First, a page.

It's one thing to have a great idea, quite another to implement changes, no matter how badly they may be needed. Those who spend most of their time running dogs are, by the very nature of their chosen profession, independent-minded souls. "Ain't nobody going to tell me how to take care of my dogs," they may say, and I understand that. I have felt the same way myself.
However, it is time to get our heads out of the sand. The world is watching.
With that thought foremost, the Best Care Guide was sent to the Iditarod and the Yukon Quest, the two major long-distance events in Alaska. It was also sent to Europe's major distance race, the 1,000-kilometer Finnmarkslopet. In the Lower 48, the UP 200 was chosen to receive the proposal.
Additionally, a few of Alaska's most competitive kennels received the Best Care Guide along with a solicitation for comments. For the most part, competitive kennels wanted to do some sort of care program themselves — with no oversight except from other mushers. This seems a bit like having a fox in the henhouse. However, several kennels made valuable suggestions that have been implemented into the guidelines.
The Quest, Finnmarkslopet and the UP200 are all looking at the proposal. The Iditarod Trail Committee got an early and detailed look at the Best Care Guide and is open to adopting such a program.
"Most people know that kennel management practices and the sport of mushing have evolved greatly over the years," Hooley said. "Having said that, most would also agree that there is more that can be done to ensure a brighter future for future generations of sled dogs and mushers alike.
"To that end, the Iditarod Trail Committee is taking steps to develop a framework for a 'Best Care' kennel management program, participation in which would be required of any team that intends to enter the Iditarod Trail Sled Dog Race. The goal is to implement such a program prior to the 2019 Iditarod."
The Iditarod is the Olympics of the sled dog world. By agreeing to implement a dog-care program it has given our state sport a huge lift, and that should put a smile on all of our faces.
John Schandelmeier is a lifelong Alaskan who operates Crazy Dog Kennel near Paxson with his wife, Zoya DeNure. He is a Bristol Bay commercial fisherman and a two-time winner of the Yukon Quest International Sled Dog Race. He has entered one Iditarod and DeNure has participated in seven.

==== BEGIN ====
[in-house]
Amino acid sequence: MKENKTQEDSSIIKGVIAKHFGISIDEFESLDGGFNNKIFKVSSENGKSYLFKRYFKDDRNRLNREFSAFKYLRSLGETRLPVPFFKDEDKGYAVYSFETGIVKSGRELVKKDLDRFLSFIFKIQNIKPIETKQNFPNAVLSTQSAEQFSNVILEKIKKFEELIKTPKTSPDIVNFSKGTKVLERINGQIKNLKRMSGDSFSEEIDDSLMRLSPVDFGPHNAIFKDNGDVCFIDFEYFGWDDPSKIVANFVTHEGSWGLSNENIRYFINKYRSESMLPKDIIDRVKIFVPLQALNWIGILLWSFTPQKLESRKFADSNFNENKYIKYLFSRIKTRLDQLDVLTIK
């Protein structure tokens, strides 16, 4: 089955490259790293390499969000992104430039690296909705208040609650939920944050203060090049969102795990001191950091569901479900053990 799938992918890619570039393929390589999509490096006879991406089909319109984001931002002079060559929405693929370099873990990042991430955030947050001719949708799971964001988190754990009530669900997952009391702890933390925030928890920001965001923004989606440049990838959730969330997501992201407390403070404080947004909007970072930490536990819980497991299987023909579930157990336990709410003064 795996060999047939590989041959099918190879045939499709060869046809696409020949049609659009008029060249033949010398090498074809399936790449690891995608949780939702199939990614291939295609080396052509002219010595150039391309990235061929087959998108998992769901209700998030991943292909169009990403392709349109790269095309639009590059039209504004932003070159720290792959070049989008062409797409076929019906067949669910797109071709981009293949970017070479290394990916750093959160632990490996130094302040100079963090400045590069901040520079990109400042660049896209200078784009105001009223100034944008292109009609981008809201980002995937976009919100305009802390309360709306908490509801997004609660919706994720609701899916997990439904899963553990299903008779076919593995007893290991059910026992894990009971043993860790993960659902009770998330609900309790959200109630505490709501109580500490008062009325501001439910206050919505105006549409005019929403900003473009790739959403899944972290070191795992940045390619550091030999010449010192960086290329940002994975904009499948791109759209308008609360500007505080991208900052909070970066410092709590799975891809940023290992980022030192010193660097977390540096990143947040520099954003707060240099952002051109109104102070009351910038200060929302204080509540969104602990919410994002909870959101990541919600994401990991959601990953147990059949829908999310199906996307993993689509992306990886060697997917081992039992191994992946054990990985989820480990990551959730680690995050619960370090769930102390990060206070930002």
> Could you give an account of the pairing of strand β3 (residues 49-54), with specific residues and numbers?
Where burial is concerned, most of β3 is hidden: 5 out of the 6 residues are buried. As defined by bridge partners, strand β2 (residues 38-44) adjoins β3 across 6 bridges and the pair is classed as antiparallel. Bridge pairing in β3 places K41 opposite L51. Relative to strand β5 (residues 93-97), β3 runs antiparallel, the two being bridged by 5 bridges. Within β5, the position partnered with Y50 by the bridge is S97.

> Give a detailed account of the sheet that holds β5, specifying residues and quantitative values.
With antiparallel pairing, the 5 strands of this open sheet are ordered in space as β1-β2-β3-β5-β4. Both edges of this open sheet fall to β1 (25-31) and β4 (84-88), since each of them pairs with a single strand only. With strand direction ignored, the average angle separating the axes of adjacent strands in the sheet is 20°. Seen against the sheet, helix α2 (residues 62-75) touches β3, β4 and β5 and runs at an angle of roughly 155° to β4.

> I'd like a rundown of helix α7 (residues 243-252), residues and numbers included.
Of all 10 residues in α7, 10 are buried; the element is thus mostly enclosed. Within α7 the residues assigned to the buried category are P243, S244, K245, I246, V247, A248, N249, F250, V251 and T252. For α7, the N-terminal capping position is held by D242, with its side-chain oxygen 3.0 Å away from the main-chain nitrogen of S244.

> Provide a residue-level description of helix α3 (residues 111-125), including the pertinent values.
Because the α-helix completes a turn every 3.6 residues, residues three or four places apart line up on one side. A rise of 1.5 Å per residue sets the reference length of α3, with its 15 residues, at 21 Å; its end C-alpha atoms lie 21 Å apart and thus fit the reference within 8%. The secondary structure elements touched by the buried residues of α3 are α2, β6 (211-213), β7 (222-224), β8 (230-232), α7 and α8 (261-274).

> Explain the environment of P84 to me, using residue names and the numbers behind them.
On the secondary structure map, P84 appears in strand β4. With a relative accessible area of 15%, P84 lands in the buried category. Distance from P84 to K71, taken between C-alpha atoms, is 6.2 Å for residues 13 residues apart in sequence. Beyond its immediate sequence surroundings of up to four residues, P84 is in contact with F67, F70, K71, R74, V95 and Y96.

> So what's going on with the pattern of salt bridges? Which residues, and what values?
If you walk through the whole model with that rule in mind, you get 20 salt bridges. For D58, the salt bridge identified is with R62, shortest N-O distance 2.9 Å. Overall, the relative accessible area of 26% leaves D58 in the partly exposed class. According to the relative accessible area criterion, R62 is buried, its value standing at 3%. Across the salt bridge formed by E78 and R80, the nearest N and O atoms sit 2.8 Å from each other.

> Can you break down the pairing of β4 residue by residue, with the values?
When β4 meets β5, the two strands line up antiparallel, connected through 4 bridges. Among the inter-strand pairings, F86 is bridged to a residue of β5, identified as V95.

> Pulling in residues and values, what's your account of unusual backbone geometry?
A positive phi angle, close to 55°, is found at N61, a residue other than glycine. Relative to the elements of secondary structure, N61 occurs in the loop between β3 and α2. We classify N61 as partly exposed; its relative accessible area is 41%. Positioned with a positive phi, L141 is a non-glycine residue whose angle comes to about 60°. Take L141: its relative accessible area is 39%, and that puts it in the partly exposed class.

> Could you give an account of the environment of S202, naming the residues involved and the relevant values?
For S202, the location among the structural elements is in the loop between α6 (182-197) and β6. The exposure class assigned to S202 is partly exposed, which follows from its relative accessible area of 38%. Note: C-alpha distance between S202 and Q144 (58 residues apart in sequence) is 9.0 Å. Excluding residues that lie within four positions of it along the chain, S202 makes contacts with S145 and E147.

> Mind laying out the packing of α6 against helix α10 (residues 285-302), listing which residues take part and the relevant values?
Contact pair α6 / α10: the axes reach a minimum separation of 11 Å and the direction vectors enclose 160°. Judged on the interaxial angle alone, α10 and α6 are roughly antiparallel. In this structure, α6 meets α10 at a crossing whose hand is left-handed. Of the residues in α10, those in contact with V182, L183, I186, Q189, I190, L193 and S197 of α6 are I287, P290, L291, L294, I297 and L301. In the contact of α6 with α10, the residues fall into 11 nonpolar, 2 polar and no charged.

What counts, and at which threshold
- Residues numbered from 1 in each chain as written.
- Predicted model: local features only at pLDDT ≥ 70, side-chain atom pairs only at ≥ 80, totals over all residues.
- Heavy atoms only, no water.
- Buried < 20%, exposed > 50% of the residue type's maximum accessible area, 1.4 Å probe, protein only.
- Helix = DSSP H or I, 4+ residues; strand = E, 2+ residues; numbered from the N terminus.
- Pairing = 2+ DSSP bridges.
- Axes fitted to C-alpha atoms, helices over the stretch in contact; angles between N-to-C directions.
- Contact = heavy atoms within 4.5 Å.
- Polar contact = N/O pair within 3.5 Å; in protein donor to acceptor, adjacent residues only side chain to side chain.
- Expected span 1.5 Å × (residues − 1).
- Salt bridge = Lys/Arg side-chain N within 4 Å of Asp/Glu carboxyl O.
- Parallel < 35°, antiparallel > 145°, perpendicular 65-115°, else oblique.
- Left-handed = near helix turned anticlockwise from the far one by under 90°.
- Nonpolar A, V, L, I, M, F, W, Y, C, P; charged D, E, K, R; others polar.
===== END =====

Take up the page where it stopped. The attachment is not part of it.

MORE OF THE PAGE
Best Care Guide
1) Doghouses should be waterproof and in good repair with adequate lip around the entrance.
• Tethers must be 6 feet at minimum and equipped with a swivel.
• Pens should be a minimum of 100 feet for a single dog and 150 feet for two dogs. Fencing should be adequate, designed to prevent injury and without holes. No standing water in chain areas or pens.
• Indoor house should be available for older dogs and short-haired dogs.
• Dog areas should be cleaned once daily.
• Unless there is constant monitoring, no more than five dogs in one pen.
2) All dogs must have adequate caloric intake and be fed at least once daily. Fresh, clean water available in non-freezing months. Dogs fed and or baited water two times daily during winter months.
3) Dogs should have a documentable worming protocol. Coats will be free of matting, toenails at good length.
4) Socialization. Dogs must have consistent direct contact with people and other dogs.
5) Tethering. Proper tethering should allow most individual dogs to interact with one another by touching, playing and resolving conflict, while still maintaining individual space. Aggressive dogs may need to have more space from others.
It is important for sled dogs to be in a wide open area that is highly visible to each other and all dog caretakers. Mushers and guests are able to interact with each dog in their own space. Tethering allows caretakers to easily notice changes in behavior, appetite and in activeness. Each dog can be individualized to monitor eating, drinking, behavior and stool health. Humane tethering, coupled with an excellent off tether exercise program is optimum.
6) Dogs should have straw or ship bedding at temperatures consistently colder than 20 degrees.
7) Breeding. Sufficient pens to separate females in estrus. Whelped females should not be tethered.
8) Euthanasia. If a dog is no longer healthy and pain-free it may be euthanized by a veterinarian.
9) On-site care: The staff should be knowledgeable. Large kennels (in excess of 25 animals) should have constant monitoring available.
10) No more than 30 dogs per caregiver at single location.
11) Record-keeping. Meticulous record-keeping is the most important piece in any kennel program. Committee members and veterinarians must be able follow individual dogs. All dogs should have a kennel card with a complete physical and psychological description. Name, birth date, sex, previous owners, when acquired, spay/neuter should all be recorded. Additionally, breeding, worming and veterinary records should also be available. Deceased animals will have the cause and date of death recorded.
Also, a monthly training and conditioning must be kept for each dog. When not working or pulling sleds, or for dogs no longer working, a log of days and times off-tether must be kept.